- The European Commissionís 2005 Green Paper, Confronting Demographic Change: A new solidarity between the generations, recommends that new forms of intergenerational solidarity need to be achieved across the working life-cycle, in areas such as mutual respect and transfer of skills and knowledge (European Commission 2005).
- As a follow up to the Green Paper, the European Commissionís 2006 Communication The demographic future of Europe Ė from challenge to opportunity, reiterated the importance of addressing the challenge of an ageing population and opportunities that arise from people having longer, productive lives in improved health (European Commission 2006).
- The European Commissionís 2007 Communication Promoting solidarity between the generations, stressed the importance of intergenerational solidarity and better work-life balance that are based on equal opportunities. In particular, the Communication highlights the importance of increasing the labour force participation of women.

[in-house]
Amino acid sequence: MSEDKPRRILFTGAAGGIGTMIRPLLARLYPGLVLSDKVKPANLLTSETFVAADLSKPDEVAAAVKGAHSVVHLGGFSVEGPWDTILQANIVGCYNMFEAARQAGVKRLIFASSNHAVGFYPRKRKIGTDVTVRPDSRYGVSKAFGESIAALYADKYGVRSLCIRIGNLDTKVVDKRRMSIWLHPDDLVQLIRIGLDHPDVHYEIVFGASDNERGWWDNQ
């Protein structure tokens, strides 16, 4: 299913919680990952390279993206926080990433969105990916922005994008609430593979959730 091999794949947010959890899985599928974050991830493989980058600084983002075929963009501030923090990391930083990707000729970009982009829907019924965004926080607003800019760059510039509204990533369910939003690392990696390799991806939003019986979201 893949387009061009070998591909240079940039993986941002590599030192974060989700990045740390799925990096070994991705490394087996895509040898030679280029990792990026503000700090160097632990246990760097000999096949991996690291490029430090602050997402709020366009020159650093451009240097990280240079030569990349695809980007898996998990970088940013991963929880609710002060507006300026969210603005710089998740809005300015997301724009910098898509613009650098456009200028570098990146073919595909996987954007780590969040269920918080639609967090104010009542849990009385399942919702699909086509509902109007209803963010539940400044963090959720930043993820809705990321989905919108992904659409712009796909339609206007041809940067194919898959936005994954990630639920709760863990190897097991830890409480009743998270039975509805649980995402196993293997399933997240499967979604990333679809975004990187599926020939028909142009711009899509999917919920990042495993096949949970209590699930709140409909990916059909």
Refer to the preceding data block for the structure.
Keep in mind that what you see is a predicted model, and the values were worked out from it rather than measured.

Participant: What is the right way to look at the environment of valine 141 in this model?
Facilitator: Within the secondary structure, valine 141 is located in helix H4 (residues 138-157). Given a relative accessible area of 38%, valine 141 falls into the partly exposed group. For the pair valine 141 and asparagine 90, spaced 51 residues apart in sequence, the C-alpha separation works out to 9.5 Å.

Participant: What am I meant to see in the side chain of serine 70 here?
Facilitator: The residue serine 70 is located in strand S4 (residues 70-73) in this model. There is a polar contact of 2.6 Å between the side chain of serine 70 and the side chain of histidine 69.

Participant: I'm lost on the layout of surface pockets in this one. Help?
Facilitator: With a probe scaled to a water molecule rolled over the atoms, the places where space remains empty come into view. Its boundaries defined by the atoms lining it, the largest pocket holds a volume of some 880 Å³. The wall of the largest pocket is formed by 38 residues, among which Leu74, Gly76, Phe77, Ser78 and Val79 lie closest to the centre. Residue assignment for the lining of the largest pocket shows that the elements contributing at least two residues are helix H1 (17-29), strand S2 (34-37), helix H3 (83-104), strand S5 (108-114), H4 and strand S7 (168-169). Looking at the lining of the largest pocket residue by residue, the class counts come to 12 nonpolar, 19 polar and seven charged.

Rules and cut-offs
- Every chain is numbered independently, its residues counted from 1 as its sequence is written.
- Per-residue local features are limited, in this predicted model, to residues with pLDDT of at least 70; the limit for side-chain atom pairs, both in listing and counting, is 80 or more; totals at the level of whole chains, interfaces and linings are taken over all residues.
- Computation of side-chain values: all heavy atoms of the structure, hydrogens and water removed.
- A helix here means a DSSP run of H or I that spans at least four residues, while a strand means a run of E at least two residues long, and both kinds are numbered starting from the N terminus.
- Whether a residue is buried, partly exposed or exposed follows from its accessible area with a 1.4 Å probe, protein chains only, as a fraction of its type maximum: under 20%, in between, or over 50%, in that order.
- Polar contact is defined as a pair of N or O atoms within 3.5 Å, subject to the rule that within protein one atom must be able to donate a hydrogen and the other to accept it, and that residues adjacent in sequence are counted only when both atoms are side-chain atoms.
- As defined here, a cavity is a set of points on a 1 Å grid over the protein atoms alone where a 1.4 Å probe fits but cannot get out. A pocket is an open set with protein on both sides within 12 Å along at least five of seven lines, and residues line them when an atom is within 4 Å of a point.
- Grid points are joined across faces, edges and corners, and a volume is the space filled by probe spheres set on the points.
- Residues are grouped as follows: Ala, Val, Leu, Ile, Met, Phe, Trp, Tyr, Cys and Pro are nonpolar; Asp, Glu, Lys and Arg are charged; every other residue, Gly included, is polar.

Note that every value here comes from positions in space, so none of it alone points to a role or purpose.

related to increasing the participation of older people in the workplace have
been established at three recent European Councilís meetings:
- The 2000 Lisbon European Council established the strategic goal for the EU of more employment, economic reform and social cohesion in a knowledge based economy. It recommended that the employment rate should be increased overall to 70 per cent, and for women to 60 per cent by 2010.
- The 2001 Stockholm European Council established an EU target for an employment rate of 50 per cent of older women and men (between the ages of 55 and 64 years) by 2010.